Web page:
Beesource Beekeeping Forums banner

1 - 7 of 7 Posts

·
Registered
Joined
·
113 Posts
Discussion Starter #1
Hello all!

I have another question for the masses to see if I can get 10 responses minimum with 12 different opinions to wade through :)

I was inspecting my new first year hive today. It has been 24 days since I added. 2nd 10 frame deep hive body and 9 days since my last inspection. I am really new to this and I spent about 45 min, maybe a bit less with the top off and looking at all the frames. How long can the bees stand you looking in the hive before you start doing any harm to them?

I wanted to keep looking because I wanted to find the queen and really look around and see if I could tell worker brood from drone brood and such. You know just get practice in at looking at everything. But close to when I shut them all up they were really buzzing around hard and flying at me rather than running away from my smoker. Just being way more aggressive so I figured they had enough.

What do you all think?
 

·
Registered
Joined
·
3,796 Posts
I think you were in the hive about half an hour too long. Instead of looking for the queen, look for signs that she has been there recently - eggs/larvae. Learning is a great purpose for being in your hive!
 

·
Registered
Joined
·
113 Posts
Discussion Starter #3
I did see plenty of signs of her being around. I found some freshly drawn comb with new little larva in plenty of the cells. So she is in there and laying about. So about 15 min maximum you think on opening up a hive?
 

·
Registered
Joined
·
3,796 Posts
With the goal of going through a double deep in 5 to 10 minutes tops.

If you have placed a new box you can tell much just looking down from the top without having to pull frames. You'll come to see the the outmost frames will generally be stores or not used and the inner frames are where the action is.
 

·
Registered
Joined
·
113 Posts
Discussion Starter #5
Haha 5 to 10 minutes!?! No wonder the bees were pissed. Now I was using a smoker and I noticed after a little bit there were lots of bees lining the tops of frames and were fanning their wings. Think they were airing out the hive trying to remove the smoke?
 

·
Registered
Joined
·
3,796 Posts
Not a bad guess! There will be days when as a hobbyist you pop the top and gently put it back and say "not today." Today looks to be one of those days. Heavy fog and cool. Most of the field force will be home today. I try to do my inspections when they are out.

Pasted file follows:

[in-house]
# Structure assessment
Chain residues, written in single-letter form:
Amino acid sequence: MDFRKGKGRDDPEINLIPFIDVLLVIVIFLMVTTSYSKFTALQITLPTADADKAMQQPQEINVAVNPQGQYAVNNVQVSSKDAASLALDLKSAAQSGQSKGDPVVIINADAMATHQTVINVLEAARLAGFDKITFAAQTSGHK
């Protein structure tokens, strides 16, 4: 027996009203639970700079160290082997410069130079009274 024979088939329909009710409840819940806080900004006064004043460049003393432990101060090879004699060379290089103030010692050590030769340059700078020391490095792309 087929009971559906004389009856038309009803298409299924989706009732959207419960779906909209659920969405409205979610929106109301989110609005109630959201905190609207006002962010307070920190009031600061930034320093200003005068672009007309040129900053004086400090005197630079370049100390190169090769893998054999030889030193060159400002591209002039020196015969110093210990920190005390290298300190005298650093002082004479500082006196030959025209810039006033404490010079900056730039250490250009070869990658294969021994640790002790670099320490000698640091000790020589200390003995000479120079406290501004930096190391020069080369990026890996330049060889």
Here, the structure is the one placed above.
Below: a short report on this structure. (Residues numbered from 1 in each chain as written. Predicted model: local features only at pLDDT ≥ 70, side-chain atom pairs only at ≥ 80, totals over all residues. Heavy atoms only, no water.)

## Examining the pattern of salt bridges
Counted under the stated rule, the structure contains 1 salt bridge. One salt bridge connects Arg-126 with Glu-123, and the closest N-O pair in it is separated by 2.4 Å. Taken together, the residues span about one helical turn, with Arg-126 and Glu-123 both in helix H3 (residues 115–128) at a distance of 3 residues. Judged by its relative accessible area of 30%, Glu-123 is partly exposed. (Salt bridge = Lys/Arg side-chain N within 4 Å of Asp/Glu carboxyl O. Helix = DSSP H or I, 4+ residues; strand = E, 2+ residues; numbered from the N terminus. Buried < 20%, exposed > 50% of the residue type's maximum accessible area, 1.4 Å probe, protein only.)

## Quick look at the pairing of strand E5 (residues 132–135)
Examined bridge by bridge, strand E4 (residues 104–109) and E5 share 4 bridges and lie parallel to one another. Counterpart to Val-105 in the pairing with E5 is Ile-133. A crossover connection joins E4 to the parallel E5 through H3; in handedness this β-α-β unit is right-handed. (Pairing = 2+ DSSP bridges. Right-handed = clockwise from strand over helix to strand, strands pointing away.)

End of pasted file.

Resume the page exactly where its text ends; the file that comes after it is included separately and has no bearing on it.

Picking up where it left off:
There are times when you just do it - try to be gentle and quick - do what needs doing. I'm participating in a EAS/BIP study where I collect samples for lab analysis monthly. The yard where the bees are is about a hour drive from my home. When I get there, I go for it. To be useful for the study the samples need to be taken in a certain date range and if I procrastinate too much I loose options.

A couple of years ago the farmer whose land these hives are on was splitting a gut sitting on his tractor a safe distance away while the bees treated me like a marauding bear. So it goes.
 

·
Registered
Joined
·
3,431 Posts
I only spend much real time in the hive if I have a reason to (finding the queen to do a split, for instance). Otherwise I pull a frame from each box and just slide the others over to take a look, don't even pull them unless I need to closely examine.

45 min is WAY too long, and yes, the bees will eventually figure out you are disturbing them too much and will start attacking you. Lined up on the top bars with their tail ends up pumping their stingers in and out is a bad sign, very shortly they will be attempting to pump those stingers in your eyes!

There are quite a few times, especially in the fall during robbing season here, that I don't inspect a hive. When you smoke them, and then crack the inner cover to get half a dozen bees hit your veil before you get it all the way off, time to go back to the house! Otherwise you are going to get stung, you are going to mash lots of bees, and they will bang you in the face for a week if you get within 50 ft of the hive. I can wait a day or two since I only have a few hives. A professional keeper in our new club always wears a full suit and just roars right through, doesn't have time to wait for a better day.

Peter
 
1 - 7 of 7 Posts
Top